Referring to FIG. 1, there is shown in dot-dash outline the general outline of the front end of a vehicle, generally designated 10. The vehicle has a hinged hood 11 with the hood being hinged on a pair of laterally spaced hinge devices 11a mounted at the forward extremity of the vehicle frame 10a at its front end and latched to the vehicle cowl at its rear end. The hinges 11a and latch devices are conventional and form no part of the present invention. To gain access to the engine compartment beneath the hood 11 for engine repairs or the like, it is necessary to tilt the hood about its frontal hinge axis to a substantially upstanding position. On a small vehicle such as a light truck or a passenger car, the lift weight of the hood 11 usually can be counterbalanced by counterbalance springs that are a part of the hinge devices. On a heavy duty vehicle or truck, the lift weight of the hood may be too great for conventional counterbalancing methods. To assist in the opening movement of a heavy hood 11, a hood tilt assist mechanism, generally designated 12, as illustrated in FIG. 1, may be provided.
The hood tilt assist mechanism 12 is disposed beneath the hood 11 substantially on the longitudinal center line of the vehicle. It comprises a substantially horizontal radiator support strut 13 that extends from a bracket 14 mounted on the top of the radiator 15, the latter being supported on the vehicle frame members 10a above the hood hinges 11a, to a second bracket 16 mounted on the vehicle cowl. Supported above the strut 13 is a telescopic lift arm 17 having a movable or extensible member 18 protractable or extendible from an immovable or nonextensible tubular member 19.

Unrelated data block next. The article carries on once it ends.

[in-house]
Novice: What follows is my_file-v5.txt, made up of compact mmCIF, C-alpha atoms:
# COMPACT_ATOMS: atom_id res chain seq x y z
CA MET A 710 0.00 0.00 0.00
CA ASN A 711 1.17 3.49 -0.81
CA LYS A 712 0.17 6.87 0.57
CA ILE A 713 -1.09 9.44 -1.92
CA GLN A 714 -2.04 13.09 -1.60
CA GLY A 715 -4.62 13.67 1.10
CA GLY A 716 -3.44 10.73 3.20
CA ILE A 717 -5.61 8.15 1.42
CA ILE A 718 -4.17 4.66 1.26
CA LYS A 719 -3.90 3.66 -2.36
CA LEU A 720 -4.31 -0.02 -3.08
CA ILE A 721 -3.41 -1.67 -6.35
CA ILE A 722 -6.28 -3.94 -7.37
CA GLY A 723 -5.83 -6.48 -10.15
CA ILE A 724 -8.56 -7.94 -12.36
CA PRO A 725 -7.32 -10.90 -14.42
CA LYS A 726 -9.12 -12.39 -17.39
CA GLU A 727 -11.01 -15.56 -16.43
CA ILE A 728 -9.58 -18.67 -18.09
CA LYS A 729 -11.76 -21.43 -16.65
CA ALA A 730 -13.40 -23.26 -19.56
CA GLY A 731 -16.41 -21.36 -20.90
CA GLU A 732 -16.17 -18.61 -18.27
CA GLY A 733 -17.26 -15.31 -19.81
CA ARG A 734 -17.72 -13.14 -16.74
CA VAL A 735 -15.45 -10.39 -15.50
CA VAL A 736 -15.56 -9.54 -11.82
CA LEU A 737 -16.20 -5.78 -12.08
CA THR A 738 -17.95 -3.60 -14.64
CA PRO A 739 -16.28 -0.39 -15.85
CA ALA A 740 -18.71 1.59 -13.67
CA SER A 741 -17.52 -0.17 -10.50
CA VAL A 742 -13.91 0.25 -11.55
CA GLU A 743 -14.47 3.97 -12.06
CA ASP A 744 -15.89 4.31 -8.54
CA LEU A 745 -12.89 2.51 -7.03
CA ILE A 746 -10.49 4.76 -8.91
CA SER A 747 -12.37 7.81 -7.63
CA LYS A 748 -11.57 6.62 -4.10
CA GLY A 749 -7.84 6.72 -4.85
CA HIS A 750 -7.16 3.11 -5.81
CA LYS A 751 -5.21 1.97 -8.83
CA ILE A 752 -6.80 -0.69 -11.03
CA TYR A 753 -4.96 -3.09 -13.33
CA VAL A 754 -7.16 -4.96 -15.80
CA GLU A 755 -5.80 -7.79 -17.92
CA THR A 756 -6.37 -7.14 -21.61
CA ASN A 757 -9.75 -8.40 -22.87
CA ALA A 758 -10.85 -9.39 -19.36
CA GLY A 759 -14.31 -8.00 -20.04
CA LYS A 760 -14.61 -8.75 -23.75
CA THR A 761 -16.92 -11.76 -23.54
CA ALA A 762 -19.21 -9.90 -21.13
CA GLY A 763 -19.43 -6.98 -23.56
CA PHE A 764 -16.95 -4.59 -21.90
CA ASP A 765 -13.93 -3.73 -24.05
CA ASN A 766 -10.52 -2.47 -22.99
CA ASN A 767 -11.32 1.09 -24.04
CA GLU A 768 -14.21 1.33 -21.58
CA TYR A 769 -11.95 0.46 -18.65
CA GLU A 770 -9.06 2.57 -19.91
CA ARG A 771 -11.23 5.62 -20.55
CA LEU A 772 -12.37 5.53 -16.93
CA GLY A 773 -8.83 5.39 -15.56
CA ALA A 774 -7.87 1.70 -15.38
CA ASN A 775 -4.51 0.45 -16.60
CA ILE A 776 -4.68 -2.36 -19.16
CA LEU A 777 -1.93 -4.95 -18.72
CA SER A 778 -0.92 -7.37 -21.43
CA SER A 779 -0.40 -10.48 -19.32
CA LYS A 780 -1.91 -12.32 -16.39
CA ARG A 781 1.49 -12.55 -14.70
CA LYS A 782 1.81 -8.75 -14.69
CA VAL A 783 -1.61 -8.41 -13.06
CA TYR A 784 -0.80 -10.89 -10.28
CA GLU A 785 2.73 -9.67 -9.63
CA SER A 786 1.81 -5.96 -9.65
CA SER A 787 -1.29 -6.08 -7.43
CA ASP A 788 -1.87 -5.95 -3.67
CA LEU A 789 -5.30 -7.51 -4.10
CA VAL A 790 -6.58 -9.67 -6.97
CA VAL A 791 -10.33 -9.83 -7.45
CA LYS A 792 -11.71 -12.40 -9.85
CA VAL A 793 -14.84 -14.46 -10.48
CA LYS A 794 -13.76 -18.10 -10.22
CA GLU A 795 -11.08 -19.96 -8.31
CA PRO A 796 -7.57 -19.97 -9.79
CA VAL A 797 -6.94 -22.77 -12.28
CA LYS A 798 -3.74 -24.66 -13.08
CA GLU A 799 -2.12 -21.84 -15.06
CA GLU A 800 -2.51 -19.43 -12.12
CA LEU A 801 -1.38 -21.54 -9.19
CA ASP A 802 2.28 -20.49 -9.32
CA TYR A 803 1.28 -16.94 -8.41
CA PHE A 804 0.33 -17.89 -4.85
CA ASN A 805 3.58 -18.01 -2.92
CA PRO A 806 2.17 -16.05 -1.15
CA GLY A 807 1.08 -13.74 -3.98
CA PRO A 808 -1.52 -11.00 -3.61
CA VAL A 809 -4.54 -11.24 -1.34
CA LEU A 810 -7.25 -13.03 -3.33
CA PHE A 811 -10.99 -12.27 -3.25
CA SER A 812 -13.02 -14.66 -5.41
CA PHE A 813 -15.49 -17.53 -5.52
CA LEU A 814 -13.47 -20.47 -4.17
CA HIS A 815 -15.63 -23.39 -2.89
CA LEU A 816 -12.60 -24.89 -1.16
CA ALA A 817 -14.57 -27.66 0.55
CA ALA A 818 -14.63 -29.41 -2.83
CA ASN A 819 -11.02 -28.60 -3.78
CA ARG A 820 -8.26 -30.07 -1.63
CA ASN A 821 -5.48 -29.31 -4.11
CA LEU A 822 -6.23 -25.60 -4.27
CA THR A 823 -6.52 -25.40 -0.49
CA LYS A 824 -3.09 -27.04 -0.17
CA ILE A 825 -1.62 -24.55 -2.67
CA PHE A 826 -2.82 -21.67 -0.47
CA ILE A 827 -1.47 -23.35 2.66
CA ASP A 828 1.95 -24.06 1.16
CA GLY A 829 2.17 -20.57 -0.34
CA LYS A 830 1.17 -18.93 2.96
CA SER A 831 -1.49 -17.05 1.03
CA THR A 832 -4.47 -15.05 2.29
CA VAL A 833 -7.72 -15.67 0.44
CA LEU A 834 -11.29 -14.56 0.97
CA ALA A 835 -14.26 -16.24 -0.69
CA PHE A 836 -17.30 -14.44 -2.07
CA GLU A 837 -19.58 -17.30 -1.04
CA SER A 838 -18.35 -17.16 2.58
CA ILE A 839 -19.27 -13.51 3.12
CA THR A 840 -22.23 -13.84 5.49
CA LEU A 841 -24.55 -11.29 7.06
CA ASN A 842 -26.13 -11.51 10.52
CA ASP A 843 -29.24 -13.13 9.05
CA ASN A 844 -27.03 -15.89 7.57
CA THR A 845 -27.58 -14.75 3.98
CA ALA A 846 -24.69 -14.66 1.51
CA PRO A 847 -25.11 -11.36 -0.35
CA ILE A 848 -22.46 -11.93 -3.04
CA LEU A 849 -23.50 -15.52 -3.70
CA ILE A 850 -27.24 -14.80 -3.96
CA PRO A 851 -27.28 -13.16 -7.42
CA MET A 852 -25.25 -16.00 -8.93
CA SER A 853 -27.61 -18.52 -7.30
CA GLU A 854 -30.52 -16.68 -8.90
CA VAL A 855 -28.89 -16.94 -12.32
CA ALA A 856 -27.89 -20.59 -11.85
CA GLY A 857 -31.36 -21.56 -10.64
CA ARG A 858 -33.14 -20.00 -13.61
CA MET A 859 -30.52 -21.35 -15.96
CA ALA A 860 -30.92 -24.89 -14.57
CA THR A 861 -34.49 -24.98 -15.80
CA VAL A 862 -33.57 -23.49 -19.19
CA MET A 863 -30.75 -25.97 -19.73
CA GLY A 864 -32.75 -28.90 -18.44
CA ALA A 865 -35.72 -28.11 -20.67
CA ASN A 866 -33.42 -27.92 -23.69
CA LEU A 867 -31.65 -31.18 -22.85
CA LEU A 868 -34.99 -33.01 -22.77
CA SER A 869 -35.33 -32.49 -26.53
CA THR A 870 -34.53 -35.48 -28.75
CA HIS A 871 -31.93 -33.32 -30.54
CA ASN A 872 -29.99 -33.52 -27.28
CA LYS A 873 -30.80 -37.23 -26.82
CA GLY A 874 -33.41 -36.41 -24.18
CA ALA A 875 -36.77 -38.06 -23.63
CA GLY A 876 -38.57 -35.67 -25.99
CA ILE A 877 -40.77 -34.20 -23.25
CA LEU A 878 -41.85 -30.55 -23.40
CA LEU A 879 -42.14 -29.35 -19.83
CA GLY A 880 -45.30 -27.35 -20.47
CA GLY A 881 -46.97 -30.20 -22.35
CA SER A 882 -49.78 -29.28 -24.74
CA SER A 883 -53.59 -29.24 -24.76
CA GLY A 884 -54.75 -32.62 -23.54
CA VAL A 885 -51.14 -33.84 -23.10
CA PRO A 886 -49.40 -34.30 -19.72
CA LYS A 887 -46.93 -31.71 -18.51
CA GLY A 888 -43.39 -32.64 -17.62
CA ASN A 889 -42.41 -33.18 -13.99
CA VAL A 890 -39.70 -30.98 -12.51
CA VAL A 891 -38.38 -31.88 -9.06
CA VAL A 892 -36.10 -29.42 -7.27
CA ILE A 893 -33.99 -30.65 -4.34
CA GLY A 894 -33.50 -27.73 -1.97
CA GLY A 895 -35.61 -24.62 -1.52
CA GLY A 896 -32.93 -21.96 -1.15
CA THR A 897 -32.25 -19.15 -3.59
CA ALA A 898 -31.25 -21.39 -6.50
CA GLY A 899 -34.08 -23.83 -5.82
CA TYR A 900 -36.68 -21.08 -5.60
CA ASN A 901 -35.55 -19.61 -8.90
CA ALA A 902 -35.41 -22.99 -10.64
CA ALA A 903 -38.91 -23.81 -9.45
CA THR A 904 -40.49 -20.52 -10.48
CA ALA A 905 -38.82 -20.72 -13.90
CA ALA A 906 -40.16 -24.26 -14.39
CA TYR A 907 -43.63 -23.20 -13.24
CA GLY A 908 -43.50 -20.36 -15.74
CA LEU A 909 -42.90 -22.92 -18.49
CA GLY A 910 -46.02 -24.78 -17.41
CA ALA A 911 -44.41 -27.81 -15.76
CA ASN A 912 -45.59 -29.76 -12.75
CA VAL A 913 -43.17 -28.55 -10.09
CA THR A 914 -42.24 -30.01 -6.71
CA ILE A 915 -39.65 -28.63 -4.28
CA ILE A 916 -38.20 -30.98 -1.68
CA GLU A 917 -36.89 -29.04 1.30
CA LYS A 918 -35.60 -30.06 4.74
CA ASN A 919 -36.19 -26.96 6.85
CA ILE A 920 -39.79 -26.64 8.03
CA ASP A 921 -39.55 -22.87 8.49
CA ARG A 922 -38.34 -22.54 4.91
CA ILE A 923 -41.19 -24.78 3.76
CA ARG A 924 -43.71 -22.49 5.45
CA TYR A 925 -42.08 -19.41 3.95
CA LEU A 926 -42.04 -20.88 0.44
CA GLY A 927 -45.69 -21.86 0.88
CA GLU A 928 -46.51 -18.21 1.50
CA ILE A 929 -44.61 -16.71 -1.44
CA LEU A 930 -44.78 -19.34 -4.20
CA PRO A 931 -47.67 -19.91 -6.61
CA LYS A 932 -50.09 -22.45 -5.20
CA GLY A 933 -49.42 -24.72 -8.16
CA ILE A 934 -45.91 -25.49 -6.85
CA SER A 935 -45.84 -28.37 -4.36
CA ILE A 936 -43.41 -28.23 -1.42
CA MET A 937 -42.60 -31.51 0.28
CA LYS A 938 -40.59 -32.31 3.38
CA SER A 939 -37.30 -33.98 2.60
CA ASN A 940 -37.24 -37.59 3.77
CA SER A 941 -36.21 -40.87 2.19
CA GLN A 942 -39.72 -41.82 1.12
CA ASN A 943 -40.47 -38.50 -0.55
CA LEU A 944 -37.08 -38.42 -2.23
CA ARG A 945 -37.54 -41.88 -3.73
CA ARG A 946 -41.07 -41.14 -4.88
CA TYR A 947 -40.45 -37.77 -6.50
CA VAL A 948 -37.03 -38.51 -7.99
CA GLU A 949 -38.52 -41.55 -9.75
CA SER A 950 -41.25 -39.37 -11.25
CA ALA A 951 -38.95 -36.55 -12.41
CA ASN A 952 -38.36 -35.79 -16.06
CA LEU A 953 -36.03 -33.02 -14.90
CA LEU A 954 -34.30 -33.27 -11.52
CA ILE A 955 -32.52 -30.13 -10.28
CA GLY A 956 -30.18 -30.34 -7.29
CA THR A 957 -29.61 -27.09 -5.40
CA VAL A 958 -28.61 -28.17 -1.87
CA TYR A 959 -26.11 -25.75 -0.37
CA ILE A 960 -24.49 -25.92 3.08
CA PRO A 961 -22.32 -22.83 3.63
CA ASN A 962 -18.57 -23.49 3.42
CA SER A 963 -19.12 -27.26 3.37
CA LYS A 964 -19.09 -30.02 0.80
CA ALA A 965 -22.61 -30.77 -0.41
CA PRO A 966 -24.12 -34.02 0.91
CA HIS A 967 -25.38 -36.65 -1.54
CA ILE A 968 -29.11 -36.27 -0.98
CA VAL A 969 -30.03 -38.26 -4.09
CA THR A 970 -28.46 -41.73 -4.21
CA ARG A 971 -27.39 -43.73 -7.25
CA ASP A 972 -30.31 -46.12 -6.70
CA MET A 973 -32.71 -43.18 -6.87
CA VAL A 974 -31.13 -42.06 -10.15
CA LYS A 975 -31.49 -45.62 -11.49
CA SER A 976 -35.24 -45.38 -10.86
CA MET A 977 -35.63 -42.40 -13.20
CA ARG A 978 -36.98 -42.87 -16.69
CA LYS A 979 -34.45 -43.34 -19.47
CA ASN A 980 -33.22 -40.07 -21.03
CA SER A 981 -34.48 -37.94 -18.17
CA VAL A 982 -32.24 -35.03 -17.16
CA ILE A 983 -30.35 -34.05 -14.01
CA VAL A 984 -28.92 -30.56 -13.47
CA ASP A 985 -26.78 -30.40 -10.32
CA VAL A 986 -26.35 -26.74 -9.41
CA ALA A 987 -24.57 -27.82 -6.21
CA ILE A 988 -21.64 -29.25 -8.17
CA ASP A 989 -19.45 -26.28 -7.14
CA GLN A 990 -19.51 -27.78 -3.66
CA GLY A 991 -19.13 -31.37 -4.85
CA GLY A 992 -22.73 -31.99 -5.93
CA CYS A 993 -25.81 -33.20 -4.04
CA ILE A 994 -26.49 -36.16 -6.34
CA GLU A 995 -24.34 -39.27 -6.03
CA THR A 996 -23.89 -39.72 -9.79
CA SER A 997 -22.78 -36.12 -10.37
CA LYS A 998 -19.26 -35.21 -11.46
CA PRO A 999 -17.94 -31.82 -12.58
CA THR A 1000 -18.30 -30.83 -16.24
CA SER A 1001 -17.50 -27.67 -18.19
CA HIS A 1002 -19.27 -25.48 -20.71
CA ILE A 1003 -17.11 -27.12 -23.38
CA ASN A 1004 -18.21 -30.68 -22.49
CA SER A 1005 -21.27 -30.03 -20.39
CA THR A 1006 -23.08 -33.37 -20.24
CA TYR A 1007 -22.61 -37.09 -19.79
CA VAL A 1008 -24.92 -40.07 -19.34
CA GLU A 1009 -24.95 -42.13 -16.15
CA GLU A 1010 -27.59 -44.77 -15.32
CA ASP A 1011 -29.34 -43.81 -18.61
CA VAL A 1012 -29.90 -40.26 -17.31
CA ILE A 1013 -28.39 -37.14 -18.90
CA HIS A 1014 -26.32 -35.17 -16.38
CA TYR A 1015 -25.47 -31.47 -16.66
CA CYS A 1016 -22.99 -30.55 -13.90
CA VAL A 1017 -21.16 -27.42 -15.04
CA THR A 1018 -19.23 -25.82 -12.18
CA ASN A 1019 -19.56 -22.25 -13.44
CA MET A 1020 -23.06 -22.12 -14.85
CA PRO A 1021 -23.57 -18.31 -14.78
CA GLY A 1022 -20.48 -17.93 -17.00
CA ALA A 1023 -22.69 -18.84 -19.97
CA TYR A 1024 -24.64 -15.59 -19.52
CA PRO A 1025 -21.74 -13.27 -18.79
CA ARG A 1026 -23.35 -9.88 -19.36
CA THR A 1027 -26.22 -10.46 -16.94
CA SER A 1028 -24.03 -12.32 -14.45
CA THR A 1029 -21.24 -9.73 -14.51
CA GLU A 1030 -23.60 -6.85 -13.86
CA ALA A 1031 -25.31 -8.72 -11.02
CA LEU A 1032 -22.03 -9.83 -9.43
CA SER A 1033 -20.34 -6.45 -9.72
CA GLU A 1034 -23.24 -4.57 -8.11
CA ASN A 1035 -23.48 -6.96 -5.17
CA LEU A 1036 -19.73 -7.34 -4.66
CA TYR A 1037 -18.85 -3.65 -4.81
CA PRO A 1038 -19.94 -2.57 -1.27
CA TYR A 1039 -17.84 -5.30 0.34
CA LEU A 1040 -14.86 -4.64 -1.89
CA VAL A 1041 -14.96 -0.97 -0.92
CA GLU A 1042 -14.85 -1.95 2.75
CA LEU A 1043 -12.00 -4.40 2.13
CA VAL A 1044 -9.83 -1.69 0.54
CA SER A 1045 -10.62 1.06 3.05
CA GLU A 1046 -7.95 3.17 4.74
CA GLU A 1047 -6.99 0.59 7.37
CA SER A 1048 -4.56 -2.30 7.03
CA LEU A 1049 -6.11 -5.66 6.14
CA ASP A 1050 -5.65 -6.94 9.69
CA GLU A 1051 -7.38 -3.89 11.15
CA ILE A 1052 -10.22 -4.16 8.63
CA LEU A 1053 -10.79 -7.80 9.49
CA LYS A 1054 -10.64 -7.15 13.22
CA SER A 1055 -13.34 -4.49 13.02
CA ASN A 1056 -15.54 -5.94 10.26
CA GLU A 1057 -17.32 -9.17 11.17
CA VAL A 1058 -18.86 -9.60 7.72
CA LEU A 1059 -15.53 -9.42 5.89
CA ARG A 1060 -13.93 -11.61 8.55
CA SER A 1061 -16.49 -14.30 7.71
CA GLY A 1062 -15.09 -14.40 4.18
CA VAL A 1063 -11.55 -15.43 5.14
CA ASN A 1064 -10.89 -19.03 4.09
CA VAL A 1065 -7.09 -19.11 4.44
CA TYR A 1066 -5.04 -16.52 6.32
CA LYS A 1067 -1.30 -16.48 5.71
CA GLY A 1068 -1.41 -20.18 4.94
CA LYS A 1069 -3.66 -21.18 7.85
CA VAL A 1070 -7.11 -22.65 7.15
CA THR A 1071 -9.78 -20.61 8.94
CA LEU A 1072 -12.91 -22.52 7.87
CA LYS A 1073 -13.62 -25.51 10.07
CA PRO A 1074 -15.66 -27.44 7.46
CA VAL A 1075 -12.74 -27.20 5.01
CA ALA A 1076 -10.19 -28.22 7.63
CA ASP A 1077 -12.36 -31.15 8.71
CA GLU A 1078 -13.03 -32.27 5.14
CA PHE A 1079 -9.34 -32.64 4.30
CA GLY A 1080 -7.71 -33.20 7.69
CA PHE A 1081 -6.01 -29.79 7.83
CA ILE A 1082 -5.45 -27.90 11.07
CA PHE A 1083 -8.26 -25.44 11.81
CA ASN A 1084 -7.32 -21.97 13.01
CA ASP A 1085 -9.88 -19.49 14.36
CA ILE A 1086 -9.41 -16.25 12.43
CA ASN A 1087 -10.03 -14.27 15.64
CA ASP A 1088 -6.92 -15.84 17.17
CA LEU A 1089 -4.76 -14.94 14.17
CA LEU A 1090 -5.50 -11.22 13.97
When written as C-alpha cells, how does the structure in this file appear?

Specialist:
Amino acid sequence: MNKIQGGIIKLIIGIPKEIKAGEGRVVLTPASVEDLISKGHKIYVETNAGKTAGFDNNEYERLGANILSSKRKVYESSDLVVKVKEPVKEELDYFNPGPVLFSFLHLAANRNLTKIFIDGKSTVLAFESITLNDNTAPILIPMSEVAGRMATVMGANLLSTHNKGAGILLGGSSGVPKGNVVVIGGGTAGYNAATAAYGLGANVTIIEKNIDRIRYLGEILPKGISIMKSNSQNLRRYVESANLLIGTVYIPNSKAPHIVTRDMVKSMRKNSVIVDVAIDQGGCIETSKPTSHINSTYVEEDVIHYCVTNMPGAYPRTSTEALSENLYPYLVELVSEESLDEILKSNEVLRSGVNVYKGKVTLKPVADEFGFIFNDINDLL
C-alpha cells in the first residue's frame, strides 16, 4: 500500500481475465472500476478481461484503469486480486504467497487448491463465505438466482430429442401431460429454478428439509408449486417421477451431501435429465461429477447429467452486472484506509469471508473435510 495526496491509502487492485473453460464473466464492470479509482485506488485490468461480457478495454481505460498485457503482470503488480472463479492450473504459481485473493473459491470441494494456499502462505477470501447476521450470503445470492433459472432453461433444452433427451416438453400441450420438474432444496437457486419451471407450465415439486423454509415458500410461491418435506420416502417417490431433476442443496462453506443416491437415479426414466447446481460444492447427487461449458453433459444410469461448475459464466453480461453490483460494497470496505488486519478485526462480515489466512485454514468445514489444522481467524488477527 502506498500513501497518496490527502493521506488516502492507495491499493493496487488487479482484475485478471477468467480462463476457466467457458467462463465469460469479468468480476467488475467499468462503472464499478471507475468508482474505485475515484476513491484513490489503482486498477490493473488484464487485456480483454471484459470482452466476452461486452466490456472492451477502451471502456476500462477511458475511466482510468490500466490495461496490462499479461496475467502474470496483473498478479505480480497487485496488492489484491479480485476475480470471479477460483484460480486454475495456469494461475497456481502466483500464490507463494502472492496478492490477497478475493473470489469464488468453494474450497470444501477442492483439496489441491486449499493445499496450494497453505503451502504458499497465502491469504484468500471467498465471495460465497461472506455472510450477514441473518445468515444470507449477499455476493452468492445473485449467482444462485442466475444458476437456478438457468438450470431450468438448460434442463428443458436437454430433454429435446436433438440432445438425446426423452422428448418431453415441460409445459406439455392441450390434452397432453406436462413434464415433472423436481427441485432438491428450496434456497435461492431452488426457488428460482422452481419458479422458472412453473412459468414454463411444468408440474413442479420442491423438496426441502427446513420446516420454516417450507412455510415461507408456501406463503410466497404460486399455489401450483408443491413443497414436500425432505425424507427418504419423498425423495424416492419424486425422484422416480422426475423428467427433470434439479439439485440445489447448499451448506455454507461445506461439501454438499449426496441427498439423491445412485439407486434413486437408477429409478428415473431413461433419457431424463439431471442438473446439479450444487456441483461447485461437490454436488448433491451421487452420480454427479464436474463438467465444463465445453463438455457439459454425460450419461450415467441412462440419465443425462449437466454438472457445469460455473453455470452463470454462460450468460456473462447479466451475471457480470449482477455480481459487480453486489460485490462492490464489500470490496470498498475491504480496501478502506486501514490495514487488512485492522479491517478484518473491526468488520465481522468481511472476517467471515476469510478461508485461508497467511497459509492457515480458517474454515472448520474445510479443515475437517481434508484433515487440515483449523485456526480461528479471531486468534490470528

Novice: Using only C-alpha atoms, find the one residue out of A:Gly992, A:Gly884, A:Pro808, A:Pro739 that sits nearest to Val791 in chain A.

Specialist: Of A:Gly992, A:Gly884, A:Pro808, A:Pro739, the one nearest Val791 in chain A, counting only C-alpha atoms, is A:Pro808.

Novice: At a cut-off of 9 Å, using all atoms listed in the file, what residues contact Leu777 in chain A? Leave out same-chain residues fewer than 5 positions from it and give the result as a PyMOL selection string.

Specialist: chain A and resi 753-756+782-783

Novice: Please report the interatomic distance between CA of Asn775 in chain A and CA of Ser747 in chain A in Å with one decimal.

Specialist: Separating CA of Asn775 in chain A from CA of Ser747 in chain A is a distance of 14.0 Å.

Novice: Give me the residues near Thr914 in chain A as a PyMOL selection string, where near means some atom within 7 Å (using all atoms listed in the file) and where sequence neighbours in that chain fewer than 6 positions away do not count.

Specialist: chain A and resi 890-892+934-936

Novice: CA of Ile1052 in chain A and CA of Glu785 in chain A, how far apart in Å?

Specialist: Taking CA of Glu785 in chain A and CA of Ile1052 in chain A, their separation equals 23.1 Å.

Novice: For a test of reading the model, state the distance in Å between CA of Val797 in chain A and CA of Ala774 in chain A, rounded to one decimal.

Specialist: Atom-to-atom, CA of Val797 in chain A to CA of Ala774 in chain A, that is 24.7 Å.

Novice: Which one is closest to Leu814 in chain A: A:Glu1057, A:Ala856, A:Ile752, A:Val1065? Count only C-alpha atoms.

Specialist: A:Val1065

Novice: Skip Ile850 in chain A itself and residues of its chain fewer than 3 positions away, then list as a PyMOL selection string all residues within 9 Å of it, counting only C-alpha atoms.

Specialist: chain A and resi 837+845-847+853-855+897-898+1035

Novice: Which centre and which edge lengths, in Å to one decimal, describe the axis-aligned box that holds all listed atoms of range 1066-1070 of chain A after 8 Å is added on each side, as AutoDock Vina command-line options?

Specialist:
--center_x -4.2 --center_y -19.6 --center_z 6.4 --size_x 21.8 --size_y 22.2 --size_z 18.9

The telescopic lift arm 17 is mounted on a pair of spaced links 21 that straddle the support strut 13. The links 21 are pivotally supported at their lower ends 22 on a pivot bushing 23 journalled in an aperture 24 at the lower end 25 of a support member 26 welded to and projecting downwardly from the support strut 13 at the end 27 of the latter nearest the radiator 15. Suitable bolt, washer and nut devices are used to maintain the links 21 in assembled relation to the pivot 23. The links 21 thus are pivotal about a pivot axis located below the support strut 13. The links 21 extend angularly upwardly from this pivot axis beyond the support strut 13 where they terminate. The upper ends 28 of the links are welded to the tubular member 19 of the lift arm 17.